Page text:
Generally the machine housing 10' illustrated in FIGS. 1 and 2 comprises side walls 11' which rise to a top wall 12' and then to a higher top wall 12' through which a channel 14' is provided. In this channel 14' which is open at both ends are infrared radiators 15' and 16' and this top wall 12' is further perforated with a louvered opening 22' through which a jet of cooling air is exhausted, while another louvered opening 18' provides an air intake for the housing. The specific construction and mode of operation of infrared radiators 15' and 16' is disclosed in detail in my copending application Ser. No. 207,086, filed Dec. 13, 1971, now U.S. Pat. No. 3,816,705, and this subject matter is incorporated here by reference, insofar as it is required for a better understanding of the present subject matter.
As will be seen in broken lines in these FIGS. 1 and 2 an opthalmic frame F' having a rim and bridge portion B' holding lenses L', lies in the open channel 14' with temple portions T' shown extending along the sides 11' toward the rear of the housing 10', i.e., the area where the intake 18' and the exhaust 22' are located, or to the right in FIGS. 1 and 2.
The rim and bridge portion B' of frame F' are supported in the channel 14' in spaced relation to each of the radiators 15' and 16' and the bottom 52' by a pair of adjustable fore, front support members 200, while the temples T' outside of the channel 14' and extending along the side walls 11' are supported by adjustable aft, rear support members 220. As seen in FIG. 12 it is clearly shown that the frame F' will be exposed to radiation from each of the side radiators 15' and 16' and the bottom 52' which are heated by electrical heating element 54', while thus being supported by the front support members 200, free and clear without touching these radiators 15', 16' and 52'. It will be appreciated a pad of material such as fiberglass fabric or mat 84 may be placed on surface 52' , if desired, as shown in FIG. 1 and in copending application Ser. No. 207,086, now U.S. Pat. No. 3,816,705.
As seen in FIGS. 1 and 5 these front support members 200 are T-shaped in plan and are of left and right hand. Description of one will be deemed sufficient for both since otherwise they are identical to each other.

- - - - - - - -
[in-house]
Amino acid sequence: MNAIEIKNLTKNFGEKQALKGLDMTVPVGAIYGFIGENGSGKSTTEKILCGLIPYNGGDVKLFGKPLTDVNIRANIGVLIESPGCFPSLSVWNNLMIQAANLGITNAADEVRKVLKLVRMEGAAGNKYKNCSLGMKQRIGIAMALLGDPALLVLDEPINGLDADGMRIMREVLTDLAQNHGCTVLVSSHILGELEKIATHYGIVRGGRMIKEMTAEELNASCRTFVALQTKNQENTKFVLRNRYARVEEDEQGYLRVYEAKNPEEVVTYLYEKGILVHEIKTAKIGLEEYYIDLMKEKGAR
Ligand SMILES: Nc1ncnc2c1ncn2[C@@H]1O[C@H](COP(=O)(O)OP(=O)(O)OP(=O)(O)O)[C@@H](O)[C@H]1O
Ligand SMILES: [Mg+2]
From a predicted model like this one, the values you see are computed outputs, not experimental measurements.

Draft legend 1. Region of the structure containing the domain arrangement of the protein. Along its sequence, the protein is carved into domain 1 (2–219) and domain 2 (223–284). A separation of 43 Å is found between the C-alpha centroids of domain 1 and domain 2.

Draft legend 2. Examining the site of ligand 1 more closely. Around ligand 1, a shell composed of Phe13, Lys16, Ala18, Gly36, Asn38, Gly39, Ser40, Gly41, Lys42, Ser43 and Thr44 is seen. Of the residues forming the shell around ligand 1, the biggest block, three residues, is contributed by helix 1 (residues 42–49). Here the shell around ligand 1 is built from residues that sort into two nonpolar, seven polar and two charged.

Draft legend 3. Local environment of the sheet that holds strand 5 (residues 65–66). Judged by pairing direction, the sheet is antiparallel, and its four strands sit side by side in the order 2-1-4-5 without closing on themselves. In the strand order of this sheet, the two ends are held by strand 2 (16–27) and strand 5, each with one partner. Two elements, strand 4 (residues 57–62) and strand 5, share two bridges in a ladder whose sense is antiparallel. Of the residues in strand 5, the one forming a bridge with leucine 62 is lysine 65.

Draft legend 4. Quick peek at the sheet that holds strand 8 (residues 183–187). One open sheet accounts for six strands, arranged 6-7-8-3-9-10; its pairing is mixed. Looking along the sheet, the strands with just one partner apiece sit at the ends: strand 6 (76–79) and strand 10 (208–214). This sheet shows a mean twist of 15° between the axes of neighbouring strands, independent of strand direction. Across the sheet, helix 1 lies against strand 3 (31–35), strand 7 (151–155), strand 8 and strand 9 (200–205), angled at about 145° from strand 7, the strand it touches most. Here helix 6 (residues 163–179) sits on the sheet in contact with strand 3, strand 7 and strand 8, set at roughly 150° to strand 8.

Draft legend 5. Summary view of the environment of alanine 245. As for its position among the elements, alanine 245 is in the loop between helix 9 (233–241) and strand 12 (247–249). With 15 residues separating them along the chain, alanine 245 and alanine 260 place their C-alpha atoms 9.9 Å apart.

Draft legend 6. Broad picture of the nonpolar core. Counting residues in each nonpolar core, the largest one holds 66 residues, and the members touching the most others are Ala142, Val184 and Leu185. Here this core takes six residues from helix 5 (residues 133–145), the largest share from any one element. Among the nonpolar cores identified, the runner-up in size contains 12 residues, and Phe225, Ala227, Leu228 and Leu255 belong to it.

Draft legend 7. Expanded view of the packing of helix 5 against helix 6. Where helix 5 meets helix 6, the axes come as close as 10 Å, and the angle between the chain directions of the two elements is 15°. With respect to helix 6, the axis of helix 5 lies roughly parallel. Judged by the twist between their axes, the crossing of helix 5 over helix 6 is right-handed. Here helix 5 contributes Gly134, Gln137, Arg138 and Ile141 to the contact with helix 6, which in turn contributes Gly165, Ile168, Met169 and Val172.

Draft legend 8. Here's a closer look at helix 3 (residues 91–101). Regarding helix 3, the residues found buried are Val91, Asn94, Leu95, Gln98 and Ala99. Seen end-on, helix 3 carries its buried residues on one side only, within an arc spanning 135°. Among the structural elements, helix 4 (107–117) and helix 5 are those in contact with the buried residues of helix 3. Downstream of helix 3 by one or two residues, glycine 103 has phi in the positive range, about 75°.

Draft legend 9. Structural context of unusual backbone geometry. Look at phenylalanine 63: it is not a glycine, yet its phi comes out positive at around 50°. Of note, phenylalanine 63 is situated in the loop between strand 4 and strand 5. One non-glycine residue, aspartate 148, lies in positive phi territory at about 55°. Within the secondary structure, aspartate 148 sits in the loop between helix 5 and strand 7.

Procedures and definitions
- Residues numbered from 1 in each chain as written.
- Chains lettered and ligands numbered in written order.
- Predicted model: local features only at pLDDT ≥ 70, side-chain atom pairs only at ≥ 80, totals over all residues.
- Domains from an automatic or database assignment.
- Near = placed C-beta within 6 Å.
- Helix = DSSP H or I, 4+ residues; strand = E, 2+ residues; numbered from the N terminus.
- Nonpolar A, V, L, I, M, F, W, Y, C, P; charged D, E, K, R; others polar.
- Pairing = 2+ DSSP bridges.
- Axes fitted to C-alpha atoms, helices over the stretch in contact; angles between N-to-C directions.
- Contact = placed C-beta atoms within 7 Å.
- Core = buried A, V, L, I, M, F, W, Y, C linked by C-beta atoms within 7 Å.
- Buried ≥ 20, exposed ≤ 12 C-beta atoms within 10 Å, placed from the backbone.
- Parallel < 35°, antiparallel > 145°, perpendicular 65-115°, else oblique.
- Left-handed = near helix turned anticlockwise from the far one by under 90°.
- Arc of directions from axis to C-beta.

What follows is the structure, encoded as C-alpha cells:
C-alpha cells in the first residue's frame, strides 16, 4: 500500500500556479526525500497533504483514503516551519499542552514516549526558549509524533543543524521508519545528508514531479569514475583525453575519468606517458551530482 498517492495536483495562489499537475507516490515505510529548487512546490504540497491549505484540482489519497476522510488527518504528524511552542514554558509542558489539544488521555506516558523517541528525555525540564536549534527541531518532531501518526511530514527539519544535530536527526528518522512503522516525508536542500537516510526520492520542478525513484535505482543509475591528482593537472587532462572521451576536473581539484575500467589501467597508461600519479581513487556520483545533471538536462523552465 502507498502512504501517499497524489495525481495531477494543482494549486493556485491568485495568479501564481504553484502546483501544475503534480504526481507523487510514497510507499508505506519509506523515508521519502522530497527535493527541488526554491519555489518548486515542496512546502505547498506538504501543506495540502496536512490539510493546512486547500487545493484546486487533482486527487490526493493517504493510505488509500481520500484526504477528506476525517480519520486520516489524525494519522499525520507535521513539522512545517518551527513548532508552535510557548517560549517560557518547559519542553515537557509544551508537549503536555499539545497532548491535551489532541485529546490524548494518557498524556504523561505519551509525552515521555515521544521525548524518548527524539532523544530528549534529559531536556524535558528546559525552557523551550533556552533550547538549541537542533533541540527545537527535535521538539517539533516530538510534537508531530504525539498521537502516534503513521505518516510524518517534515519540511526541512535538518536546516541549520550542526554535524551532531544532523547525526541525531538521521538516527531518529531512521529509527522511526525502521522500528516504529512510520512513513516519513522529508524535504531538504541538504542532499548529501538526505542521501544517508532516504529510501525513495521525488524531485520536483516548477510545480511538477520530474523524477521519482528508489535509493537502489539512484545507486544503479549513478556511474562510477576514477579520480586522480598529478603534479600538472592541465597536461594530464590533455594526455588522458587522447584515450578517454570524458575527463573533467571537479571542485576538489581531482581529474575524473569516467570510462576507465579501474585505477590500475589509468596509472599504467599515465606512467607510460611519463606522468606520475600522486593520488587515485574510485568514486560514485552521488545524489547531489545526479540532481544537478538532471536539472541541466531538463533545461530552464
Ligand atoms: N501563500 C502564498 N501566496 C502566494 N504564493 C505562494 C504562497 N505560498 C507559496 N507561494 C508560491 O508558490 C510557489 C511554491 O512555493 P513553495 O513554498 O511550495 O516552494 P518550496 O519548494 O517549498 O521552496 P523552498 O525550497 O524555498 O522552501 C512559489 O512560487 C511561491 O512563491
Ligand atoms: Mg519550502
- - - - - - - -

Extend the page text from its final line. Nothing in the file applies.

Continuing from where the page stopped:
A main leg 201 of the front support 200 is disposed vertically parallel to either side 11' of the housing 10' and fore and aft of a horizontal friction pivot member 202, that passes through an elongated slot 203.
The farthest aft portion 204 is bent inwardly as seen in FIGS. 1 and 5 and has a horizontal leg or ledge 205, which extends outwardly away from the channel 14' ends. Its outermost extended end 206 forms a small finger-tip for gripping by the thumb and forefinger for manipulating and adjusting the position of the support portion 205 of the support member 200. The portions 204 and 205 are bedded with a cushion of silicon rubber 207 for non-marring support of a plastic eyeglass frame F'.
The friction pivot member 202 comprises a screw having a pan head 210 and a threaded shank 209. Next to the pan head 210 is a friction washer 212 which engages the vertical side of the leg 201. The screw shank 209 passes through the elongated slot 203 of the leg 201, through another friction washer 213 and then through a hole in the side wall 11' of the housing 10' wherein a compression spring 214, a washer 215 and a pair of lock nuts 216 are all threaded onto the shank 209 of the pivot member 202. Tension of the spring 214 is adjusted and the nuts 216 are then against each other into locking engagement.
This just described arrangement of the front support members 200 allows for pivotal vertical adjustment of the supporting parts 205 as well as for fore and aft adjustment at the same time. The combined movements allowed by the pivot 209 in the slot 203 while the tension of spring 214 urging the head 210 against friction washer 212, against leg 201, against friction washer 213, against fixed side wall 11' gives the necessary friction to stay in an adjusted position while supporting an opthalmic frame F' on either of its sides at the rim and bridge area in the channel 14' for precise position and exposure to the infrared radiation on both front and back sides by the radiators 15' and 16'.
Somewhat similar rear support members 220 are L-shaped as seen in plan in FIG. 1 and FIG. 6, these also being left and right hand like the front members 200.
The leg 221 is disposed parallel to the housing side wall 11' and is pivotally mounted thereon at its fore end by a friction pivot member identical to that just described for the pivot member 202 with the exception that the friction washer 212 need not be used. A horizontal leg or ledge 224 extends away from the side wall 11' and may have a cushion pad 225 of silicone rubber bedded onto its upper surface. The leg 224 is of sufficient length to act as a temple T' support as well as being a finger-grip for manipulation into proper support position. By the proper manipulation of supports 200, the attitude of frame portion F' may be adjusted relative to radiators 15' and 16'.
From the foregoing and study of FIGS. 1 through 6, it should now be clear that the front and rear supports 200 and 220 may be manipulated quickly and deftly to position opthalmic frames of many shapes and sizes into proper position and spacing for radiation of the rim and bridge portion B' by the radiators 15' and 16'.
Also through proper adjustment of the support members 200 and 220 the left or right rim portion may be given more or less exposure to the radiation in the channel 14' by raising one support higher than the other.
Further, the temple T' portions of the frames F', either left or right may be supported in the channel 14' by manipulation of all four of the supports 200 and 220.
It should also be noted that a single support 200 might be used combined with, and in conjunction with manual finger holding of the frames F' where a small area of the bridge B' or terminal ends of the temples T' are to be exposed to radiation.